Jim Darling, the mayor of McAllen, Texas, told Homeland Security Secretary John Kelly he does not want President Trump to build a wall on his state’s border with Mexico.
Pete Saenz, the mayor of Laredo, Texas, feels the same way. He told NPR’s Weekend Edition program the border wall would be a “disaster” for his city because Laredo relies on trade to and from Mexico.
But state Rep. Dennis Bonnen wants to see the wall built. The Republican said his only concern with the Trump administration’s plan is that the wall might not be built fast enough.
It isn’t that Darling and Saenz are unconcerned about illegal immigrants crossing the border. They are. But Darling is more concerned by the potential impact a border wall would have on businesses in McAllen that do business with Mexico and Mexicans.
“Like Americans, Mexicans have pride,” Darling told KENS-TV. “And when you negotiate, there’s no reason to hurt people’s pride.”
The head of the U.S. Border Patrol agents’ union, Brandon Judd, told NPR’s Morning Edition the Trump wall proposal was not meant to hurt anyone’s pride.
“This isn’t a racist wall. We’re not talking about keeping out legal immigrants. We’re talking about keeping out illegal immigrants, and it has nothing to do with race because we get people from all – from everywhere,” Judd said. “We get people from Russia who are white that cross the border illegally. And so this isn’t a racist wall. This is about the security and safety of the United States.”
Saenz said the border wall idea is more than what he called “a disaster.” Given the terrain of the border between Texas and Mexico, he thinks building a wall would be next to impossible.
“It’s impractical. It’s a river. We have creeks that actually feed into the river. We have livestock that actually water there in the river, wildlife,” Saenz said. “I mean, it’s just not practical to build a wall, you know, the thick wall he says and the tall and deep wall. So I just don’t see it, frankly, even if it were possible. I don’t think it is.”
Judd agreed the border terrain would make it impossible to construct a continuous wall from California to Texas. He said nobody’s talking about building “a great wall of the United States.”
Judd said the wall would be built “strategically” at places along the border where better security is needed. And one of those spots, he said, despite what Mayor Saenz may believe, is the Laredo border with Mexico.
Judd described the Laredo border as “extremely violent…so we are looking into locations like that. I think it’s going to be very effective.”
Still, Secretary Kelly didn’t find much love for the Trump administration’s Jan. 25 order that a wall should be built along the U.S.-Mexico border or the floated idea of a 20 percent tax on imports from Mexico to pay for the wall’s construction.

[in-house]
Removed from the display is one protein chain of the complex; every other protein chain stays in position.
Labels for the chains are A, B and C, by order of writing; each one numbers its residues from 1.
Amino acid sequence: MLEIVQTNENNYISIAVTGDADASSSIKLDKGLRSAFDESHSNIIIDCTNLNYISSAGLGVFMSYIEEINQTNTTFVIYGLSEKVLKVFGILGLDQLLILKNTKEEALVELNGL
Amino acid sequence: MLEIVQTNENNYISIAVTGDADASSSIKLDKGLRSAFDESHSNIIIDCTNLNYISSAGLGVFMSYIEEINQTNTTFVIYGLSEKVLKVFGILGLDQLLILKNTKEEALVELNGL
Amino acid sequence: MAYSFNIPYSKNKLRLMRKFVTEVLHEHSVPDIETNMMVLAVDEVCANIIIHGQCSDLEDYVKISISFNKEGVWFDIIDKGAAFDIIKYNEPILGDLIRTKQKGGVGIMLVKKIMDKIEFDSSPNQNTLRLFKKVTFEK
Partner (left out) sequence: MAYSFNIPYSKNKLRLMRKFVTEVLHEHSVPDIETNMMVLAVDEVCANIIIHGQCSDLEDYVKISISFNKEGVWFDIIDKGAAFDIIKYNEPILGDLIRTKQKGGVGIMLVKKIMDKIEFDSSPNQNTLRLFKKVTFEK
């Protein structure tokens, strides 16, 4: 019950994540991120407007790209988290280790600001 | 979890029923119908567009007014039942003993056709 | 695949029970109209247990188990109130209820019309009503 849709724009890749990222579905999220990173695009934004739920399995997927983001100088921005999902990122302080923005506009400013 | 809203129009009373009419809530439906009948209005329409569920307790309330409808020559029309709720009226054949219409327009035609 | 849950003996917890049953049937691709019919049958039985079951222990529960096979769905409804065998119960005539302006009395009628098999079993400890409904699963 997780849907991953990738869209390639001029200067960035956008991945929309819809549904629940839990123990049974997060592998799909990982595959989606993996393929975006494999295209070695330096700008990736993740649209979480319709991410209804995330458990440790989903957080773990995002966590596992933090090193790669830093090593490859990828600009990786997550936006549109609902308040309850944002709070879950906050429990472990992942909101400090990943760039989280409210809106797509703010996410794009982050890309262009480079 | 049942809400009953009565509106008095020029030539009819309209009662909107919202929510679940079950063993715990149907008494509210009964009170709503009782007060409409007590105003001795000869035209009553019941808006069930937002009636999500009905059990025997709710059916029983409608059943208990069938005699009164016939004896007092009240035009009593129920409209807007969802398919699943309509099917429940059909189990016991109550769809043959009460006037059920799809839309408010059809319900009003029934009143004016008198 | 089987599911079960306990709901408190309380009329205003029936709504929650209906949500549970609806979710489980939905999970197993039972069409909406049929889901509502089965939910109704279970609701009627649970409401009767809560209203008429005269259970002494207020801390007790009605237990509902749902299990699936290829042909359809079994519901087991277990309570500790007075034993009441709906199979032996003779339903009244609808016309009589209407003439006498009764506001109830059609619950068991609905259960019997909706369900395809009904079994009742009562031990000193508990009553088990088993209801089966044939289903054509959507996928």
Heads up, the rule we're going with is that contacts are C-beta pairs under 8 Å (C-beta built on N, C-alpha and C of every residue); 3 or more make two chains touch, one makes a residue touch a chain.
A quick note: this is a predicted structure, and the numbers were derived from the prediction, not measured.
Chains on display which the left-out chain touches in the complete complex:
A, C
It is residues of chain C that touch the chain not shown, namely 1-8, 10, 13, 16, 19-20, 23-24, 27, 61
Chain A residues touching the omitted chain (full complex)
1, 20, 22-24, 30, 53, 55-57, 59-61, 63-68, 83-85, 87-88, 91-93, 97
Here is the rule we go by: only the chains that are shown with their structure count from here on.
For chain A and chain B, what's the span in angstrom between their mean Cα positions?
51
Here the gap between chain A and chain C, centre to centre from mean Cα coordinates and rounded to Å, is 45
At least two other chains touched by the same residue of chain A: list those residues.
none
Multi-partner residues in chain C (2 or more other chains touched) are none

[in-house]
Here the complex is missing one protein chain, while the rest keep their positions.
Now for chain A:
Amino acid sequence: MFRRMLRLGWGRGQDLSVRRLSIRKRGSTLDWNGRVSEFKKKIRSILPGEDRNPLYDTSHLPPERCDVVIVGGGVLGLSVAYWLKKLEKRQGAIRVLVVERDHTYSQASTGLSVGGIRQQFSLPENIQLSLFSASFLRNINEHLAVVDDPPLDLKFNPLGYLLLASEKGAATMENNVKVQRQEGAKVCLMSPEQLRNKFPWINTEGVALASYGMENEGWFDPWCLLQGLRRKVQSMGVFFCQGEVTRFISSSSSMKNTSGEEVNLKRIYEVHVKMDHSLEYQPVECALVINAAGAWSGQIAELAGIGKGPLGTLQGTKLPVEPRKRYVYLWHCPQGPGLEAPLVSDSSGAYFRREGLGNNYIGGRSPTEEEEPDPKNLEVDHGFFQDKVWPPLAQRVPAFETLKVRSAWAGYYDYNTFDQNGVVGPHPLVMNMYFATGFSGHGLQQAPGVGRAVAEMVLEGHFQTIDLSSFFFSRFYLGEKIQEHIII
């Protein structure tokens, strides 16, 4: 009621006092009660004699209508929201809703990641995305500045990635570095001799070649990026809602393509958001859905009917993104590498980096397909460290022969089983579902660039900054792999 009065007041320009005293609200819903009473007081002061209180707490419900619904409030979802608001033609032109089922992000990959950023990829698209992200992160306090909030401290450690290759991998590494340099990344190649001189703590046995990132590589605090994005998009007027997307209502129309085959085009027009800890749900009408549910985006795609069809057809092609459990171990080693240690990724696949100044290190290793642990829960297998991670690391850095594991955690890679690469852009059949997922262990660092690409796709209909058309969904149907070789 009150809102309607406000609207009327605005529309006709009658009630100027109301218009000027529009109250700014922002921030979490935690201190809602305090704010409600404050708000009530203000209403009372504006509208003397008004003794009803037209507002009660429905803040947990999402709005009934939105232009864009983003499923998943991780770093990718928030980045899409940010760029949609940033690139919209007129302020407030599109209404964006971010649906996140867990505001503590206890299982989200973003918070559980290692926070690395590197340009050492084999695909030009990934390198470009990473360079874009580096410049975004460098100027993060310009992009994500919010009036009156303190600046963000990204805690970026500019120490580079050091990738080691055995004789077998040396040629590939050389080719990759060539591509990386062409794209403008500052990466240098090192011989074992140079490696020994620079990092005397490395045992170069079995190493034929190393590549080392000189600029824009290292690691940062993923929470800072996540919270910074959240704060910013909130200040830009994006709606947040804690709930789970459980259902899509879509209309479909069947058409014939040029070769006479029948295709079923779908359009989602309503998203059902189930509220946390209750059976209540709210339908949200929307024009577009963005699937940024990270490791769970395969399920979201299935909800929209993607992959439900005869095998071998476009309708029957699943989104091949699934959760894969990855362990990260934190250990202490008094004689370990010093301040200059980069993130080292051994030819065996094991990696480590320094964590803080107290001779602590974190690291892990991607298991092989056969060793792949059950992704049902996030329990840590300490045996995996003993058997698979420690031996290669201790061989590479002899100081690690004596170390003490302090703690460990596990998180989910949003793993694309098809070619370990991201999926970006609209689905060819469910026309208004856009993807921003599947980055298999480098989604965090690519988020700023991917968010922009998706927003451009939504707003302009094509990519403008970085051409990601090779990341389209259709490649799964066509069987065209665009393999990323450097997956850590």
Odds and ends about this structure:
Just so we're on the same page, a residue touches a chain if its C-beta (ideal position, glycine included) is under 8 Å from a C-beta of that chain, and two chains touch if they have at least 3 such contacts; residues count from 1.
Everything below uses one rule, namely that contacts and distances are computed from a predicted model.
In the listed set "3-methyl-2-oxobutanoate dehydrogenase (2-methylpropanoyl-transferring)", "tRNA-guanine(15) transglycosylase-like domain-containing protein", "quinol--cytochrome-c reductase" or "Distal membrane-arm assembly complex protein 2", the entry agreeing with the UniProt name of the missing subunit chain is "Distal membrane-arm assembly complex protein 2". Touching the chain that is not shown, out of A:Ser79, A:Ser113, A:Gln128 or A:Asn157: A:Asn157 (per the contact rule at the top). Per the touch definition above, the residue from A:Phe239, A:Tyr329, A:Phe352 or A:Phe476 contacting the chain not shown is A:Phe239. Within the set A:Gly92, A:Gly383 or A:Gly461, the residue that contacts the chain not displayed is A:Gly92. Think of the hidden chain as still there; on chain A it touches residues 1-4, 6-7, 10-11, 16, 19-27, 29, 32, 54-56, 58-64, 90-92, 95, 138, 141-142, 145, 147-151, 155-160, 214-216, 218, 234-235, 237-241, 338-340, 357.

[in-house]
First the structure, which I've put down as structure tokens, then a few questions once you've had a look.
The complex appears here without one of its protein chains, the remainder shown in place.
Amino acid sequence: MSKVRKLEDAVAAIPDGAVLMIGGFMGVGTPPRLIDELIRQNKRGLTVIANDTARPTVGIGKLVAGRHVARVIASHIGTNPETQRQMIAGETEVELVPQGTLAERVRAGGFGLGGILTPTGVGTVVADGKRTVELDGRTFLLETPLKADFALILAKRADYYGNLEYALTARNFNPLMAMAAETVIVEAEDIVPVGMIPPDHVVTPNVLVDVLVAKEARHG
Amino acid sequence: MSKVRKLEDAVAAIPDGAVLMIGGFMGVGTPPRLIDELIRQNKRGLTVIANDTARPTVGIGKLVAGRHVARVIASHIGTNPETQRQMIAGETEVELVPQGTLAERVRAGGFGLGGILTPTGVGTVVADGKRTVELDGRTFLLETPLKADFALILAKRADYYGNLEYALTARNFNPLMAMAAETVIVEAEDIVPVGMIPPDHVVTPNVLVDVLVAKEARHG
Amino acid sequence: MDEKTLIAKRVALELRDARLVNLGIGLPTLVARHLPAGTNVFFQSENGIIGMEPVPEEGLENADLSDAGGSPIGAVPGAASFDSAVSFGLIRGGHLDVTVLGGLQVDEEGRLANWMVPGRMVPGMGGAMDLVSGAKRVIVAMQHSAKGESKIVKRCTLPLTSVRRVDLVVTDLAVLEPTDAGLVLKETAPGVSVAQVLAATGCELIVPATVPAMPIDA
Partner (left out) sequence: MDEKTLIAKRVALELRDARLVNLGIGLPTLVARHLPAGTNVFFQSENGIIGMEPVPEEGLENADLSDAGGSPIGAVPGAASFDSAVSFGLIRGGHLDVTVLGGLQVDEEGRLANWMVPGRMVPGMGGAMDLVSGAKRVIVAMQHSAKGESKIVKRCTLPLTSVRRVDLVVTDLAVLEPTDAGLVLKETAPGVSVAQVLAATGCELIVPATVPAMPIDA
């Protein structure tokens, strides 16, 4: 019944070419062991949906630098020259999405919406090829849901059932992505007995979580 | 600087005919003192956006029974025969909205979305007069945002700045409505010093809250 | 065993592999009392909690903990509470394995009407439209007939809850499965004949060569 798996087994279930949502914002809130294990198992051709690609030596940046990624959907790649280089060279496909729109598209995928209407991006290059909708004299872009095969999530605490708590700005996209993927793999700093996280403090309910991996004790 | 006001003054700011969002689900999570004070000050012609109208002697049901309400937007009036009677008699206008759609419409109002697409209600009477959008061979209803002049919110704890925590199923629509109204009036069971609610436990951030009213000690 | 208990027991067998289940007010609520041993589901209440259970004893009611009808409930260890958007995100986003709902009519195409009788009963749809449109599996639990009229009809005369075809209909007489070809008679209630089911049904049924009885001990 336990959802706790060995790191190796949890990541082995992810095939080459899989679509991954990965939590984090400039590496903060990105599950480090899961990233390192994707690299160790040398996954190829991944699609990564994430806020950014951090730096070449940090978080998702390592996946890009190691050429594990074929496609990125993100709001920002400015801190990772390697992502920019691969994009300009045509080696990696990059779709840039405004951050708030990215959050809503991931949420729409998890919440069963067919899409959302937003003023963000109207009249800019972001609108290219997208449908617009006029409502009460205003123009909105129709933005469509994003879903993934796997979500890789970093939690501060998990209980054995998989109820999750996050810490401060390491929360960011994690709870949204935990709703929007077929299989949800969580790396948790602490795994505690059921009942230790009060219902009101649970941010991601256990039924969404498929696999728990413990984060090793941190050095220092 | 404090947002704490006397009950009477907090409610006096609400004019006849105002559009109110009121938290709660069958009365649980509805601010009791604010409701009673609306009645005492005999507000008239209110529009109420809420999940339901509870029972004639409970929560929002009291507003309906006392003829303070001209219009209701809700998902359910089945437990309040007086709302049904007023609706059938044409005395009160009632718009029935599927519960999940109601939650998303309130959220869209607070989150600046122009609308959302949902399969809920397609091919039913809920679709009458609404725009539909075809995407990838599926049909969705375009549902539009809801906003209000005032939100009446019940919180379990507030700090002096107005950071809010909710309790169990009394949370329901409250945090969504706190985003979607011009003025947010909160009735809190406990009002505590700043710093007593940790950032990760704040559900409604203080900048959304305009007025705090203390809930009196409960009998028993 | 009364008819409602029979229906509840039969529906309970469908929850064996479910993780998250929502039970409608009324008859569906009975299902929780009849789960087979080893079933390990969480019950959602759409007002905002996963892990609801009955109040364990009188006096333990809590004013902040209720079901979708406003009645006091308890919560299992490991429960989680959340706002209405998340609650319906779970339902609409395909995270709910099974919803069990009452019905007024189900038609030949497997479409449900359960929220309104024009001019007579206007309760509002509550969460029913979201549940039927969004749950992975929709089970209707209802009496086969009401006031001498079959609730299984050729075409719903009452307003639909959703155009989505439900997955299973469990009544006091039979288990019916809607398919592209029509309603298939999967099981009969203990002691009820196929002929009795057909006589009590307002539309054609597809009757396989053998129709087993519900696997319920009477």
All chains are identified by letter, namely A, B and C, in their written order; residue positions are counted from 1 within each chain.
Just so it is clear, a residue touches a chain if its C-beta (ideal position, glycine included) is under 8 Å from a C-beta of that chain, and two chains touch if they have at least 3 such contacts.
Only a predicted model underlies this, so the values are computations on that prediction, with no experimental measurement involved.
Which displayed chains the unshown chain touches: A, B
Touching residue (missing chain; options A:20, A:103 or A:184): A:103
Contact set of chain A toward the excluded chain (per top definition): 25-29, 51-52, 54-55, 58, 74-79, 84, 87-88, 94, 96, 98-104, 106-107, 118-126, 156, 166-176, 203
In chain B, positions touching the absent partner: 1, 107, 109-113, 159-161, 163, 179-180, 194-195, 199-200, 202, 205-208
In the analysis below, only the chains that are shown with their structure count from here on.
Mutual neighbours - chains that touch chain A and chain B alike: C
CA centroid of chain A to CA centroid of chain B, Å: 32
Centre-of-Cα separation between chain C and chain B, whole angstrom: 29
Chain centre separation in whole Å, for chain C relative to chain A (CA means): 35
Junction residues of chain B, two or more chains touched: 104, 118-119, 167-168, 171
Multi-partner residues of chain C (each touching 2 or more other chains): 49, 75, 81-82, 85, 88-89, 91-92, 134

Kelly toured Texas’ southern border with Gov. Greg Abbott last Wednesday.
Even though Abbott ordered a cut in state funding for Austin because of its refusal to stop being a sanctuary city for illegal immigrants, the Republican didn’t bring up the border wall proposal during his State of the State address on Jan. 31.
But following his tour with Kelly, Abbott voiced his support for the Trump administration’s focus on border security.
“I am encouraged by the attention the federal government is giving this serious issue,” said Abbott in a statement. “Together, with the federal government, Texas will not flinch in our resolve to keep our citizens safe.”
State Rep. Bonnen is on board with the Trump administration’s wall proposal, too. It might not be a perfect plan, the Republican told Time Warner Cable News. He also supported the idea of hiring more U.S. Border Patrol agents.
“Boots on the ground is the greatest deterrent and the greatest effort we can have. You combine that with the wall, and I think we’ll have significantly greater success,” Bonnen told Time Warner Cable News.
However, the half-dozen Democrats who make up the El Paso, Texas, Legislative Delegation on Border & Immigration Policy issued a statement that accused Trump of using the White House “to attack border communities and immigrants.”
Not only do the Democrats from the border community of El Paso criticize the border wall proposal as something that would “violate property rights of Americans” and “be prohibitively expensive and ineffective,” but they offered an alternative plan.
“If the president talked to border residents, he would hear that we need to strengthen and streamline our ports of entry, so that we can build upon our economic, cultural, and social ties with our neighbors,” the Democrats said in their statement.
It isn’t just the idea of building a wall between the U.S. and Mexico that is troubling to some people in Texas.
Trump’s trial balloon of a 20 percent tax on Mexican imports to pay for the wall was immediately shot down in late January by the president of the Texas Association of Business, Chris Wallace.
“Texas’ number one trading partner by far is Mexico, and imposing a 20 percent tax on Mexican imports to fund a border wall would hurt the Texas economy,” Wallace said. “This proposal could mean a loss of jobs and a hit to state tax revenues.”
But maybe, if the thinking of Texas musician Rich O’Toole is on target, nobody’s going to have to worry about the construction of a border wall between Texas and Mexico.
“How in the world could they build a wall between Texas and Mexico,” O’Toole tweeted. “In 15 years they still haven’t finished I-35 between Austin and Waco.”